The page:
Is Privacy a Right?

Good question.

That's what people say when they don't have an answer yet.

And such is the case with the question in the headline.

I started wondering about it following  a tweeted response by Raouf Eldeeb (@raouf777) to Privacy is Personal:

It is also a fundamental right, not a privilege to be bestowed on anyone. The individual should have the right to determine the extent of his privacy.

While I agreed automatically with both of Raouf's points, I began to wonder about all kinds of rights, including privacy. That's because I was haunted by what Yuval Noah Harari says about rights in his book Sapiens—A Brief History of Humankind (Harper, 2011, 2104):

Sapiens rule the world, because we are the only animal that can cooperate flexibly in large numbers….We cooperate effectively with strangers because we believe in things like gods, nations, money and human rights. Yet none of these things exists outside the stories that people invent and tell one another. There are no gods in the universe, no nations, no money and no human rights—except in the common imagination of human beings….

That's in Chapter 2. In Chapter 6, he also challenges the concept of equality, which informs much of our thinking and lawmaking around rights:

Is there any objective reality, outside the human imagination, in which we are truly equal? Are all humans equal to one another biologically? … Equally, there is no such thing as rights in biology. There are only organs, abilities and characteristics. Birds fly not because they have a right to fly, but because they have wings.

And yet, while Harari says rights are a collection of stories we tell ourselves, he also credits the role of belief in rights for holding civilization together and for advancing it. He points out, for example, that the story of rights America's founders told in the Declaration of Independence was a helluva lot more civilized than the Code of Hammurabi, which applied the death penalty to a huge roster of crimes (including lying), and codified women and slaves as forms of property. Harari also adds that the United States "would not have lasted 250 years if the majority of presidents and congressmen failed to believe in human rights". 

Belief is the thing. And belief, like our species, evolves. One example is how US has evolved away from its prejudice against Native Americans, which the Declaration of Independence calls “the Inhabitants of our Frontiers, the merciless Indian Savages, whose known Rule of Warfare, is an undistinguished Destruction, of all Ages, Sexes and Conditions.” It should also help to recall that slavery and absent suffrage for women were both lawful to the US Constitution when it was ratified in 1789. Slavery ended with the 13th Amendment in 1865, but only after the country suffered through the Civil War. Equal protection for women arrived three years later with the 14th Amendment. Women's suffrage didn't arrive until 1919, with the 19th Amendment. (To put that in a personal perspective, my own grandmother couldn't vote until she was 37 years old, and she made sure her grandkids knew it.)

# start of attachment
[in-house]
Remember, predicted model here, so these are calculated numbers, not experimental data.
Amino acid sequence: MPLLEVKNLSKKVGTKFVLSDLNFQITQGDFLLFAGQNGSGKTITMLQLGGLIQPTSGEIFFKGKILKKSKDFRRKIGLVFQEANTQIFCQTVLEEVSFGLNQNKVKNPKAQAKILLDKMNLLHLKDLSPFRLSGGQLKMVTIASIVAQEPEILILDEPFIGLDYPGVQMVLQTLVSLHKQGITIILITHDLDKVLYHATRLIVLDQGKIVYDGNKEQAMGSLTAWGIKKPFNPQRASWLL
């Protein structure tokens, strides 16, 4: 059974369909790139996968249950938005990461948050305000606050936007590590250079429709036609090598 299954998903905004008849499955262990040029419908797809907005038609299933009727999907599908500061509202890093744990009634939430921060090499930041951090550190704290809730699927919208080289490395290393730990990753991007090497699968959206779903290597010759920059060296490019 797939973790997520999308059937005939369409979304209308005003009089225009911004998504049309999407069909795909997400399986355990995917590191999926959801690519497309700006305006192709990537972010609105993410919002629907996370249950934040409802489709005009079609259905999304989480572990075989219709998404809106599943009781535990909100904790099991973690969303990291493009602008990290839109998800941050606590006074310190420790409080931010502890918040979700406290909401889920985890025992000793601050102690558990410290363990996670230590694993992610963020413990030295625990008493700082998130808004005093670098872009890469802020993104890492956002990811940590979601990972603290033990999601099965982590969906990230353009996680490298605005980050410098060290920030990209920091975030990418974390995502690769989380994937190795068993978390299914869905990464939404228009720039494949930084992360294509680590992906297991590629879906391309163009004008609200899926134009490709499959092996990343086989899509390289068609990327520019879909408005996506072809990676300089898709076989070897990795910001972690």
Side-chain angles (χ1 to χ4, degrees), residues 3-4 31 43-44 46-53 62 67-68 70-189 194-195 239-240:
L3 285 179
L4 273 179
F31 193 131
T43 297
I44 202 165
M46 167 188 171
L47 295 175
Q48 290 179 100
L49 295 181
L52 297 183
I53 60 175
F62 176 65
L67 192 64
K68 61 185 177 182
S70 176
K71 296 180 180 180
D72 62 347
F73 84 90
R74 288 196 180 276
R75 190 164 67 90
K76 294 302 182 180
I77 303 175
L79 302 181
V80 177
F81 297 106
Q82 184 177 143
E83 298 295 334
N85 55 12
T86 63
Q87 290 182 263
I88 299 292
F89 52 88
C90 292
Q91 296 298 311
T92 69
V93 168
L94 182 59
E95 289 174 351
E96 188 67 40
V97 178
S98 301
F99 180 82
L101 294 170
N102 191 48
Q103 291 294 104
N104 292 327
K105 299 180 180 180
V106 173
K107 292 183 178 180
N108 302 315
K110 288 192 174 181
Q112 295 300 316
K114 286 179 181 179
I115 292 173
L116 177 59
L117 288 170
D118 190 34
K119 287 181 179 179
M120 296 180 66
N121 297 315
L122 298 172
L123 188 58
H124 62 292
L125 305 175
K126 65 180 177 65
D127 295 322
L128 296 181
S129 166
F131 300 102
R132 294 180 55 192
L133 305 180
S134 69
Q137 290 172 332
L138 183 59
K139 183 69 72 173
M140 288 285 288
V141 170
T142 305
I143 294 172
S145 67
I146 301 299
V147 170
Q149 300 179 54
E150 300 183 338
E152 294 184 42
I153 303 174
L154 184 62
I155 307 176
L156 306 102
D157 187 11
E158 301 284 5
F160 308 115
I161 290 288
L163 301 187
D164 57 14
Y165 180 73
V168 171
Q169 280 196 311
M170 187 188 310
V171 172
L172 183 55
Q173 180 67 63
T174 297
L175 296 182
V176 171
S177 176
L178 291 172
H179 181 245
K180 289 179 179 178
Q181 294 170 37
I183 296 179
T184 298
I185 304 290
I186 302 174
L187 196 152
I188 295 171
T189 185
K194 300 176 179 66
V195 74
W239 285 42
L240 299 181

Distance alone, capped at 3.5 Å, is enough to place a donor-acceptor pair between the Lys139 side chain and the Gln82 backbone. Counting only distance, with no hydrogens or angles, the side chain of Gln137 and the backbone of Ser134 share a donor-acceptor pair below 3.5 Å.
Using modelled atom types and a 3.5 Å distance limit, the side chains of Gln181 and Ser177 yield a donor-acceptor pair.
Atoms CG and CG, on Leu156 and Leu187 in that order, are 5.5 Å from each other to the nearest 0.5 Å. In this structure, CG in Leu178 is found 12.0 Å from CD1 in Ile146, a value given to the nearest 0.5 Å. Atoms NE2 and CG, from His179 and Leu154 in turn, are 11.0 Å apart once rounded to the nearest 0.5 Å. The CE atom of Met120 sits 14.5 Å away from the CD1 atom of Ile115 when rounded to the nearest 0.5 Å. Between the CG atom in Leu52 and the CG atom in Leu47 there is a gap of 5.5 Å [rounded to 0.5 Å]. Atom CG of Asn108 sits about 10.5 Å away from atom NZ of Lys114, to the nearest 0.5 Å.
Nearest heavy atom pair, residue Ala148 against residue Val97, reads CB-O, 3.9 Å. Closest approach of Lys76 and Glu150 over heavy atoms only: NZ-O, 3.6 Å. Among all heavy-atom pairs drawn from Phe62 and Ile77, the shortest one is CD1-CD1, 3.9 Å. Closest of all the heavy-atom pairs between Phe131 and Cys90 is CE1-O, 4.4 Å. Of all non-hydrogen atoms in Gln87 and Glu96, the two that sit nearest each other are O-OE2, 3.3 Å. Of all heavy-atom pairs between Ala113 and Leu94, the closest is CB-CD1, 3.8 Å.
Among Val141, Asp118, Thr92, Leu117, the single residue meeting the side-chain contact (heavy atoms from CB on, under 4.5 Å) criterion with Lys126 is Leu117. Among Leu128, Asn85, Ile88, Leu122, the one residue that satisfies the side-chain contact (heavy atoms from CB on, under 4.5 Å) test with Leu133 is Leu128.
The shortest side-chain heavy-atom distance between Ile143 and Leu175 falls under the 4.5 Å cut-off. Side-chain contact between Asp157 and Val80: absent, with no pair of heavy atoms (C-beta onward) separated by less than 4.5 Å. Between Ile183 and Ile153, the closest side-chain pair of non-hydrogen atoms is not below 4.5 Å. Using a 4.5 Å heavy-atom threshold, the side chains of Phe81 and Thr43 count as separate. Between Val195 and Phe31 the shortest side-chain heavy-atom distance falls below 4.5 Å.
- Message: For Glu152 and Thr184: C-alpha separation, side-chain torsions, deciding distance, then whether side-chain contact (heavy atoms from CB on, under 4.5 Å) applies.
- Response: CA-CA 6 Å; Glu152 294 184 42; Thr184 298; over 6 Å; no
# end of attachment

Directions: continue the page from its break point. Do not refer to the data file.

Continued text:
Neither the Declaration of Independence nor the US Constitution mention privacy at all. (Though the Declaration does mention "certain inalienable rights"—note the plural—which at least should include privacy. Thanks to dwest in his comment below for pointing that out.). Louis Brandeis and Samuel D. Warren pushed the topic to the legal fore with a landmark paper titled "The Right to Privacy" (Harvard Law Review Volume 4 #5, December 1890). What they say in that paper about privacy invasions by photographers and newspapers foreshadows concerns about the same by mobile phone cameras and social media today—and to business models that are just as oblivious to privacy:

Recent inventions and business methods call attention to the next step which must be taken for the protection of the person, and for securing to the individual what Judge Cooley calls the right “to be let alone.”10 Instantaneous photographs and newspaper enterprise have invaded the sacred precincts of private and domestic life; and numerous mechanical devices threaten to make good the prediction that “what is whispered in the closet shall be proclaimed from the house-tops.” For years there has been a feeling that the law must afford some remedy for the unauthorized circulation of portraits of private persons; 11 and the evil of the invasion of privacy by the newspapers, long keenly felt, has been but recently discussed by an able writer.12 The alleged facts of a somewhat notorious case brought before an inferior tribunal in New York a few months ago,13 directly involved the consideration of the right of circulating portraits; and the question whether our law will recognize and protect the right to privacy in this and in other respects must soon come before our courts for consideration.

Of the desirability—indeed of the necessity—of some such protection, there can, it is believed, be no doubt.

Toward that protection, they conclude that privacy is personal: